Chicago public school teachers vote to approve merger with charter teachers union
12 February 2018
On January 25, Chicago Public Schools teachers voted to merge their union, the Chicago Teachers Union (American Federation of Teachers Local 1), with the charter school teachers union, Chicago Alliance of Charter Teachers and Staff (AFT Local 4343), which has less than 1,000 members.
The merger will bring about a quarter of Chicago charter school teachers into the CTU, according to the head of the charter union, Chris Baehrend. The CTU reports that it has a membership of 20,000 teachers and staff, a precipitous drop from 28,000 in 2010.
The CTU reported that 70.65 percent voted in favor and 29.35 percent voted against the merger. After the decision was announced, some teachers protested on social media about a lack of transparency in the voting process, while others questioned the legitimacy of the vote.
Because of the CTU’s complicity with Democratic Mayor Rahm Emanuel’s school “reform” and privatization efforts, nearly one-third of district teachers and staff rejected the merger. Many Chicago teachers fear that the merger will not bring charter teachers to parity with their public school district counterparts and will instead be used to lower the pay of district teachers. They also see the merger as facilitating the decades-long expansion of lucrative, privately-run charter schools at the expense of public education.
Charter teachers earn significantly less—as much as $20,000 per year—than district teachers and have even less control over their working conditions. In Chicago, charter teachers and staff have made a determined effort to secure better wages and conditions, taking strike votes and seeking to establish pay and benefits that approach parity with district teachers.
The Chicago Alliance of Charter Teachers and Staff (ChiACTS) was established by the AFT in 2007 in order to bring the growing number of charter teachers under its control and ensure that their fight for better teaching and learning conditions did not get out of the control of the Democratic Party, which has led the school privatization effort in Chicago and nationwide over the past decade.
With the complicity of the CTU, charter schools have proliferated, placing additional pressures on the dues base of the two AFT locals in Chicago and creating enrollment problems for existing charter schools themselves. This is in part what is behind the merger.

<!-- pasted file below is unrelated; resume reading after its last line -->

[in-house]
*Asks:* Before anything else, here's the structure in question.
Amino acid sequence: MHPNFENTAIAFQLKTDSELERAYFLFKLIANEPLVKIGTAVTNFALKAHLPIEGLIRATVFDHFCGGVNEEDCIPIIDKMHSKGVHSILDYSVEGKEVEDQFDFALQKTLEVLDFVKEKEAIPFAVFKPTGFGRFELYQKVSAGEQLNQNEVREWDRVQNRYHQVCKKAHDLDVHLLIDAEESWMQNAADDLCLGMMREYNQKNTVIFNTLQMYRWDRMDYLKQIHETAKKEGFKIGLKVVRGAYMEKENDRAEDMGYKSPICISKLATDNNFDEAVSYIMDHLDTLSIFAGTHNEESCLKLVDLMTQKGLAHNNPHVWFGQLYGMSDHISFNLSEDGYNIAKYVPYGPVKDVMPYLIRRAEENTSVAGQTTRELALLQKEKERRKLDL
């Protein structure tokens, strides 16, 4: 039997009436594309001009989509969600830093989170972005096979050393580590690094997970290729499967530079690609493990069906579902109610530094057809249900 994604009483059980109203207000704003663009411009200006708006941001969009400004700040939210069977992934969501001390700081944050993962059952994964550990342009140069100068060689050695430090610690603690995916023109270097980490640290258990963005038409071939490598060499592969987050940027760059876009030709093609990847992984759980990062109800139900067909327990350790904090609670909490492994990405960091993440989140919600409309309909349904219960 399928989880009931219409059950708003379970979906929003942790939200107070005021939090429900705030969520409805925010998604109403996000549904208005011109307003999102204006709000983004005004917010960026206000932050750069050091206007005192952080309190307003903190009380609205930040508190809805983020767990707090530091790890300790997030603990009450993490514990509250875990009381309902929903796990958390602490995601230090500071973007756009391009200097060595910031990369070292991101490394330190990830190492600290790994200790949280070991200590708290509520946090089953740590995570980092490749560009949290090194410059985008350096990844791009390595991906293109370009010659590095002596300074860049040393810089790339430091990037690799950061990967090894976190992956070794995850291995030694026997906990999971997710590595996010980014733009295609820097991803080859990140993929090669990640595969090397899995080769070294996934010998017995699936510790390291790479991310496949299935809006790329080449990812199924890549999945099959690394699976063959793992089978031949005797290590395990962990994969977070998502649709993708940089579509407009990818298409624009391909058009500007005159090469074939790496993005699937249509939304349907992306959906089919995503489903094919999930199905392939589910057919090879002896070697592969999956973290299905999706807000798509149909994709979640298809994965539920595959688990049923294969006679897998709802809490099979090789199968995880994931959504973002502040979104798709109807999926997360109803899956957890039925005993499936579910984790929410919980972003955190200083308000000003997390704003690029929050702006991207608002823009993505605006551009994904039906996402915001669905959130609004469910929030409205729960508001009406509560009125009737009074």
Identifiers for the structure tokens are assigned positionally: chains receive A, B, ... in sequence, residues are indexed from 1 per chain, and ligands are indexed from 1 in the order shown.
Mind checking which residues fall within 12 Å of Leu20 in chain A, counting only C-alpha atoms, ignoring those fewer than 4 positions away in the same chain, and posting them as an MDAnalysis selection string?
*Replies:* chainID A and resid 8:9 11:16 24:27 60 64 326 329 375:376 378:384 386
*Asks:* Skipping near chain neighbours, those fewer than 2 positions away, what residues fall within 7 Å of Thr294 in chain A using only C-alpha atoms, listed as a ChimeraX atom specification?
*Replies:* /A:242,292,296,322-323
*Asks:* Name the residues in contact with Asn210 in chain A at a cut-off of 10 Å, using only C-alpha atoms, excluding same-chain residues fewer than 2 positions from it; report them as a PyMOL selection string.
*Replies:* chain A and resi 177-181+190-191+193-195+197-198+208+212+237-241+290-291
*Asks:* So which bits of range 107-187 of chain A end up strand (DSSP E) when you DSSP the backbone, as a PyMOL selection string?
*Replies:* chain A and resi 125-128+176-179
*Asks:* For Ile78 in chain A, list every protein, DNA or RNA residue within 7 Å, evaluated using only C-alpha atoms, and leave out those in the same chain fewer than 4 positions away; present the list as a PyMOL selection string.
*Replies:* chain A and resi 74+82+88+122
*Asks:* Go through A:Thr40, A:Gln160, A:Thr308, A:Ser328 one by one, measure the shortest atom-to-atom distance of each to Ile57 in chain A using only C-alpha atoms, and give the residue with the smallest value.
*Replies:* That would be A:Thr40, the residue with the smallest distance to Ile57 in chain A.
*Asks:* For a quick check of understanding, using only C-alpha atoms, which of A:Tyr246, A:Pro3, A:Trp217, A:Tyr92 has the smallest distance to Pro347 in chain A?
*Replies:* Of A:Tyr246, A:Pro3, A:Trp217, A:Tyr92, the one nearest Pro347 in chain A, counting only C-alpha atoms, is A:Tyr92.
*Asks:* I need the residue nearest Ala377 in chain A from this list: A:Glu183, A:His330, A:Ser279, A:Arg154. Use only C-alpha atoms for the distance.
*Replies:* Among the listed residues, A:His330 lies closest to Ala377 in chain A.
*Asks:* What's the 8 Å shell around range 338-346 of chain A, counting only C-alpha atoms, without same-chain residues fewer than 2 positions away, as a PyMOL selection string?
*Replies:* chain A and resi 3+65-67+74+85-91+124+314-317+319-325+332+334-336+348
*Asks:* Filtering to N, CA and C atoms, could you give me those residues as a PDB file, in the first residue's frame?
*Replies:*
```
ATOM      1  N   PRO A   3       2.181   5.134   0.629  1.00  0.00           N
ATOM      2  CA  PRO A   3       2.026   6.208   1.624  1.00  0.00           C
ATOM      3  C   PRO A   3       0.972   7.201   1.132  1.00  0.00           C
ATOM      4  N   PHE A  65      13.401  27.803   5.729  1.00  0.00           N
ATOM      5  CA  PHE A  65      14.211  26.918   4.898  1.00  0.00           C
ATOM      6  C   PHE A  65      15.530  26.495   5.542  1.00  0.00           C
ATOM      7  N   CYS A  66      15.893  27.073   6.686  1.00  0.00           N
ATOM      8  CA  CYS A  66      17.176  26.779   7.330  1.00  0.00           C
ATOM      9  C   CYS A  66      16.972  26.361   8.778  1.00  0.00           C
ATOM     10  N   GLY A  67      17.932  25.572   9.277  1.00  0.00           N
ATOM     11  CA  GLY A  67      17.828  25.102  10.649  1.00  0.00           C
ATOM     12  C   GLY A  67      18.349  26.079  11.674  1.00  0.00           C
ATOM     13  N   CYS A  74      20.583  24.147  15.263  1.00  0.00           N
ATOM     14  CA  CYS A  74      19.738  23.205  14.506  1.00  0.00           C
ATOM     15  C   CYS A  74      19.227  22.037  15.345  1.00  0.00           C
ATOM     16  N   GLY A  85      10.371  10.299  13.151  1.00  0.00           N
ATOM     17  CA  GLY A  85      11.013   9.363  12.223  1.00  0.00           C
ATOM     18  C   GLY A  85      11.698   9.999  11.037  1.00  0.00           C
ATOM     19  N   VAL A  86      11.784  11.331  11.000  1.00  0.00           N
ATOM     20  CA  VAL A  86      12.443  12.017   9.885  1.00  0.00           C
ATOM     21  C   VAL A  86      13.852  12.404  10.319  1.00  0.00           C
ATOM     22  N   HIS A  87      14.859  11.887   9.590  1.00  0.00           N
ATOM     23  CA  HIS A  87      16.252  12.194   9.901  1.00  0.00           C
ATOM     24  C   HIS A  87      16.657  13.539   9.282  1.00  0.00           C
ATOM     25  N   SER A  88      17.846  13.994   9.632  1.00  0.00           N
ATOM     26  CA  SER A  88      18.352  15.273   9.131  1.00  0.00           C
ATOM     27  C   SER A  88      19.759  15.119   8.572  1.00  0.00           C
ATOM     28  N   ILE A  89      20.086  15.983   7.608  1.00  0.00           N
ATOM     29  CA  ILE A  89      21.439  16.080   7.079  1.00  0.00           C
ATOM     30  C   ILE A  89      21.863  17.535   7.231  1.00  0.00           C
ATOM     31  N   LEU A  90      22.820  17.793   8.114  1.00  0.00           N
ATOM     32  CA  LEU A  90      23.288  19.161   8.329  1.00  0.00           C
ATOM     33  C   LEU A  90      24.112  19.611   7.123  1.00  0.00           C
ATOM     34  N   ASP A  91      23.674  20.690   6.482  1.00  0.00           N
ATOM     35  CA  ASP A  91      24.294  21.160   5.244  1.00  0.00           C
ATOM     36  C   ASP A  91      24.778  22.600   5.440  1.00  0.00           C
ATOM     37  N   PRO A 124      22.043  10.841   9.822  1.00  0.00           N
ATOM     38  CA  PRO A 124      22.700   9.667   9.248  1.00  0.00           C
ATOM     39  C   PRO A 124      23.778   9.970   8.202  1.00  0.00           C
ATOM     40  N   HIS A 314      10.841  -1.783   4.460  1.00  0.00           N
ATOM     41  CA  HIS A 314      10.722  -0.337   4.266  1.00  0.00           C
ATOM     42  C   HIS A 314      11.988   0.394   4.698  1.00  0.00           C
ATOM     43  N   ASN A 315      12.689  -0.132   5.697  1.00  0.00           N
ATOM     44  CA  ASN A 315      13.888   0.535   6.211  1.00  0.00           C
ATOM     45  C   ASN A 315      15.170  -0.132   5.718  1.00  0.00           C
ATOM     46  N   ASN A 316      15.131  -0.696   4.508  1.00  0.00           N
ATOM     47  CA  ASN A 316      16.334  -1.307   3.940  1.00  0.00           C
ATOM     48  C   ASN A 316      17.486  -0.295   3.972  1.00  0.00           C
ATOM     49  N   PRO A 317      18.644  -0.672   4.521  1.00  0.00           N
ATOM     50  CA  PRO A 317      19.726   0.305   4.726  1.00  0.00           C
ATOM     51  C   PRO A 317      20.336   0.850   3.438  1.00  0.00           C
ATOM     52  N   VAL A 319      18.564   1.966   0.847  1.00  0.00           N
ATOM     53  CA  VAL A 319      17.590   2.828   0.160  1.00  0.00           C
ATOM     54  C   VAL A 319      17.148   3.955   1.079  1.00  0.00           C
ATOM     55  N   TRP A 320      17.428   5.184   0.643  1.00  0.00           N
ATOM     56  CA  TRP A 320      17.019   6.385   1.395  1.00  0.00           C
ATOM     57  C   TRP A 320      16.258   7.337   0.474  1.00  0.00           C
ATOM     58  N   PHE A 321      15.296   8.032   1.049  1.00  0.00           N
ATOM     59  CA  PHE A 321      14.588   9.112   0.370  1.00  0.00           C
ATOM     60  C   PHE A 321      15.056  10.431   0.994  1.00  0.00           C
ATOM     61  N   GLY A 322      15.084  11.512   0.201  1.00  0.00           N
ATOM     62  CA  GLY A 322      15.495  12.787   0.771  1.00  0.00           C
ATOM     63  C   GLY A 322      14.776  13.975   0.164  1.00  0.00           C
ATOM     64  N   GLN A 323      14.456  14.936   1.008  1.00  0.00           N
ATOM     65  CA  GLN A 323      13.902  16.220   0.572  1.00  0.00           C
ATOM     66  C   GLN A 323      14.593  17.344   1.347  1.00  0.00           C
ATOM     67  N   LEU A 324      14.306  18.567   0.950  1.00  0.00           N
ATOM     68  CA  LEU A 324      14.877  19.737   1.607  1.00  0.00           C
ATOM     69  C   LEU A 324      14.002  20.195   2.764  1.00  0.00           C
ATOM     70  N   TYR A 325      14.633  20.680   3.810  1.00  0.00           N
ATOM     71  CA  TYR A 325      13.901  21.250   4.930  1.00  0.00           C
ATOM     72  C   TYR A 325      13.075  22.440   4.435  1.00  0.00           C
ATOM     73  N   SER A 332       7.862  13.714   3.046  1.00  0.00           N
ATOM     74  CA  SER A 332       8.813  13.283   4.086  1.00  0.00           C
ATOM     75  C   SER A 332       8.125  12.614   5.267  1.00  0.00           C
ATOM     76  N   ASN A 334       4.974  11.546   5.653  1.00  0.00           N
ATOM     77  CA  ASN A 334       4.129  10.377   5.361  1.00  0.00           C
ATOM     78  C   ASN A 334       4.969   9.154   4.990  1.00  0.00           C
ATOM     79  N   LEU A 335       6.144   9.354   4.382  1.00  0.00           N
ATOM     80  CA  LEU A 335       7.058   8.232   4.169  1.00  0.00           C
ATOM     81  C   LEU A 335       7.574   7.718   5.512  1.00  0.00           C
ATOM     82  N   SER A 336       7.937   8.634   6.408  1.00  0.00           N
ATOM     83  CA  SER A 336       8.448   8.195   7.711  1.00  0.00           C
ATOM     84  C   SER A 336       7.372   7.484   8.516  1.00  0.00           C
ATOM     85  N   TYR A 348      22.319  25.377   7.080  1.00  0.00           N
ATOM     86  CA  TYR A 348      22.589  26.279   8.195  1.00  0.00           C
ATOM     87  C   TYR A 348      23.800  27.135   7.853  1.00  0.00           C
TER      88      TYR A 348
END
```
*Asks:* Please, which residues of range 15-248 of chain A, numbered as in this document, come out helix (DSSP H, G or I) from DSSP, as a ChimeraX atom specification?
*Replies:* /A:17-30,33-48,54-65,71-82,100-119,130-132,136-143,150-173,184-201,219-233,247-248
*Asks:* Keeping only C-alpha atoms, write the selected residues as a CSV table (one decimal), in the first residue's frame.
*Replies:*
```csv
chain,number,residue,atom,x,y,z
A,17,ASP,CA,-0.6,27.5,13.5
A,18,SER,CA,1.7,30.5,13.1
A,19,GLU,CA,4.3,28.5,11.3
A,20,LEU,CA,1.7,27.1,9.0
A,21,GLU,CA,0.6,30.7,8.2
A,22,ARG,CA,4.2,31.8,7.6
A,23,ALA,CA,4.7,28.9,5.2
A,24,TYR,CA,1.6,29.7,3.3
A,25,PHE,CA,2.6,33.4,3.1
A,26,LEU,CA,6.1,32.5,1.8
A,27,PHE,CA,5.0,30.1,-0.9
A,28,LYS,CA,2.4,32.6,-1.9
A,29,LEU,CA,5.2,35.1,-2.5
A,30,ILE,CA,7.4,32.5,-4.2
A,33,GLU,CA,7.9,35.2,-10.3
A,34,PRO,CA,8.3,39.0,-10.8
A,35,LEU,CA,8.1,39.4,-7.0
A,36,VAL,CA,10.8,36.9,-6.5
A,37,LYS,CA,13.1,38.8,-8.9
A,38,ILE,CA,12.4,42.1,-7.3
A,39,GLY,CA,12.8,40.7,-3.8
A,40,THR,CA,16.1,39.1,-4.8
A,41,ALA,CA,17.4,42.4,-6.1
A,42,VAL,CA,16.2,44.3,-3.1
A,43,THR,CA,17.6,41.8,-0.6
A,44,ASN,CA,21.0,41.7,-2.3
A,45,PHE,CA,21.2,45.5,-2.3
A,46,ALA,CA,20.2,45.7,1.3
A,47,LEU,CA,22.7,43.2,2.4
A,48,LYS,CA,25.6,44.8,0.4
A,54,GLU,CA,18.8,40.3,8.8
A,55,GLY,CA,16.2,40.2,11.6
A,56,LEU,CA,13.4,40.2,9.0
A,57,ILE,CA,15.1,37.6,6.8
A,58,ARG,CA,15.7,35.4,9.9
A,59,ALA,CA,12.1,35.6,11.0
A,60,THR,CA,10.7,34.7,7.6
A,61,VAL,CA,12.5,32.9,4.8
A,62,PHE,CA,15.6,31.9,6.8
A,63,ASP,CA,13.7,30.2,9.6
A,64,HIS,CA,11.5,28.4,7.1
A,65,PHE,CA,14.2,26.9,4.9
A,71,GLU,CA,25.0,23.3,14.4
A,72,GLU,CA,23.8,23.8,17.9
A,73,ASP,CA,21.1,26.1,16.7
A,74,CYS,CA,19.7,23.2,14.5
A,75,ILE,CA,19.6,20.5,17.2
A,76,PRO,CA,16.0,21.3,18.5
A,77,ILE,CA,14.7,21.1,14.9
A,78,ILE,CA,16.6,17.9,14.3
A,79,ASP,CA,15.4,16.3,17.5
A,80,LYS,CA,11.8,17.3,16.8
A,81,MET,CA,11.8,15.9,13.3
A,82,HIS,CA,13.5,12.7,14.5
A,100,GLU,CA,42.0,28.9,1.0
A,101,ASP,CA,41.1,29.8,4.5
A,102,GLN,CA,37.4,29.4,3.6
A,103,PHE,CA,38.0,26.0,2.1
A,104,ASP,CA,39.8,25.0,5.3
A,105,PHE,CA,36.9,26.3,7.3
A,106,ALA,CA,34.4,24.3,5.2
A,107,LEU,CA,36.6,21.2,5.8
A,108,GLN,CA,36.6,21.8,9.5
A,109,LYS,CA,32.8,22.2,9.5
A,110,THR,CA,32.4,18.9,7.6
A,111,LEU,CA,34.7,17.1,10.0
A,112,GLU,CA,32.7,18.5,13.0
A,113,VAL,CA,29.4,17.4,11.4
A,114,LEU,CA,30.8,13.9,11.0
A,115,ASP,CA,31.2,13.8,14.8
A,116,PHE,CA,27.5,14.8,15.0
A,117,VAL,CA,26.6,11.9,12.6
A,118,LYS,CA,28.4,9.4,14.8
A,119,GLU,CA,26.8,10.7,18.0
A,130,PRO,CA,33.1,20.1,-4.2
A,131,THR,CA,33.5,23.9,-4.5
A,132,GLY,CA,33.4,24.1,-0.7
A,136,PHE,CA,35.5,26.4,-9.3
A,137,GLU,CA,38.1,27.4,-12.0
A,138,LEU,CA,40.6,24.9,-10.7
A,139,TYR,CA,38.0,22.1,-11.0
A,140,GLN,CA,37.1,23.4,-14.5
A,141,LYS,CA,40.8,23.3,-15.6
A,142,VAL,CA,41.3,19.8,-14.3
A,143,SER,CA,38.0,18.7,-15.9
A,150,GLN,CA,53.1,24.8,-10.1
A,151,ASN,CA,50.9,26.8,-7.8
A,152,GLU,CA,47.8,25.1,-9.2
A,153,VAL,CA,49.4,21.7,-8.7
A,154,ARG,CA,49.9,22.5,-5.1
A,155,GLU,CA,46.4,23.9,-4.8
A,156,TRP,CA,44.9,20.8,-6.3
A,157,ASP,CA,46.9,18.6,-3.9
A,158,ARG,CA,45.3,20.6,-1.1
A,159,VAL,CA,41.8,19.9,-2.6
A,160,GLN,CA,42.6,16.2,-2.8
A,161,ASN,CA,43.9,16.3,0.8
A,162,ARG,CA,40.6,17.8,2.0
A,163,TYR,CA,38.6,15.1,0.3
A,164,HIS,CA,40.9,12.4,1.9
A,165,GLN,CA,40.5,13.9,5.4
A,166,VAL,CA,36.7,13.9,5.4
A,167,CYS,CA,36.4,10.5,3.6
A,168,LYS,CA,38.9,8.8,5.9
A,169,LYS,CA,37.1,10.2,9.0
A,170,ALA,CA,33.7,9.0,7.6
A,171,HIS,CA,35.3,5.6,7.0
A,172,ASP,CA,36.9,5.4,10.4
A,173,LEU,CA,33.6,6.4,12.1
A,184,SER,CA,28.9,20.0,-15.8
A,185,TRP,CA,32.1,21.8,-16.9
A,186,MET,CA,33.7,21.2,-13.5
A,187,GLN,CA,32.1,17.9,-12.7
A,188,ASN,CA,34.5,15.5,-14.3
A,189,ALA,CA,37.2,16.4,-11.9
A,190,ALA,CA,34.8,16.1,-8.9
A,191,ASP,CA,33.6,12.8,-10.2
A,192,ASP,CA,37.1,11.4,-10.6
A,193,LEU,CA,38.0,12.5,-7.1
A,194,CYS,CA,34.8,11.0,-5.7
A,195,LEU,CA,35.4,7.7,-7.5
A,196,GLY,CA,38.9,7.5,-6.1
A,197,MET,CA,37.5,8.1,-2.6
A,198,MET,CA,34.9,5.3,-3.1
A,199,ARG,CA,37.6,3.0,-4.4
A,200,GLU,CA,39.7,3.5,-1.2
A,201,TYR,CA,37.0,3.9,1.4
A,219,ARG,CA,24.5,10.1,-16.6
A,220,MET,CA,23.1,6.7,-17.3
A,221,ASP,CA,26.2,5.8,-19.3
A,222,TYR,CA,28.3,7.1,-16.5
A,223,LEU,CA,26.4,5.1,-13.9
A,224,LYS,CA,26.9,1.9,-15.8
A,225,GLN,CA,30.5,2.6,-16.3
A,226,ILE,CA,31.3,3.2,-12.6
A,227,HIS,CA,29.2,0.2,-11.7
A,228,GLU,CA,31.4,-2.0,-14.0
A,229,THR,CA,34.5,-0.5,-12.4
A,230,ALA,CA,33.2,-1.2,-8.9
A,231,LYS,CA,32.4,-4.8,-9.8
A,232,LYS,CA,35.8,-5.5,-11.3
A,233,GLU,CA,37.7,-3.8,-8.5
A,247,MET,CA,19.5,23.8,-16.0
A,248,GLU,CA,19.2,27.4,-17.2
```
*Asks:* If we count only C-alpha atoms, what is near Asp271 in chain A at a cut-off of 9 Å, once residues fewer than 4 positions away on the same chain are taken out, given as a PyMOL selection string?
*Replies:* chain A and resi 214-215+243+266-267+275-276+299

When the union merger was first proposed in early 2017, CTU President Karen Lewis declared, “Charter schools are here; they’re not going anywhere.” This signaled the complete capitulation of the CTU, following the lead of its parent union, the AFT, to the charter and privatization movement, which has been carried out by both political parties in an effort to undermine public education and create profit opportunities for private investors.
The merger plan met with resistance from teachers last year. A scheduled CTU House of Delegates vote set for November did not have a sufficient number of delegates present to proceed.
Last year’s Closed by Choice report noted that 108 new charter schools opened just between 2000 and 2015, and 62 percent of them were located in areas that experienced high population loss of school-aged children, placing increased pressure on both district and existing charter schools that were already experiencing lower enrollments.
Lower school enrollments in recent years are primarily due to an exodus of working class and middle class households—African-American families, in particular—out of the south and west sides of the city. This process has been driven by the social cleansing policies of the Emanuel administration, which has encouraged rising rents and led a frontal assault on schools, social services and public transit provision, all of which contributed to a sharp spike in gang violence.
School closures are on the Emanuel administration’s agenda again this year, when a partial moratorium on shutdowns will come to an end. As many as 100 new school closures loom amid the further expansion of privately-run charters. In this year alone, the impoverished neighborhood of Englewood could see five schools close. WBEZ reporter Sara Karp stated in January that the new Chicago Schools CEO Janice Jackson “will close schools.” She noted that there is a list of more than 100 Chicago public schools identified as only half full and targeted for closing.
Both AFT locals are attempting to limit their respective losses, regardless of which schools–district or charter–are ultimately selected for closure. The unions’ calculations are entirely self-interested and have nothing to do with defending public education or teachers.
Far from offering teachers a way to defend public education, decent conditions or pay, the CTU is collaborating with the Emanuel administration and charter expansion. This is why many teachers felt they could not support the merger.
Teachers are determined to find a means to defend public education, establish decent teaching and learning conditions, and win improved wages and benefits, but no such fight can be mounted within the framework of the AFT, which functions as an adjunct of the school authorities, the city government and the bankers and corporate heads they serve (See: “Growing numbers of US teachers abandon unions”).
Teachers need to form their own organizations, rank-and-file committees, opposed to the AFT and its partner, the Democratic Party, whose program of school privatization is little different from that of the Trump administration and its billionaire Education Secretary Betsy DeVos.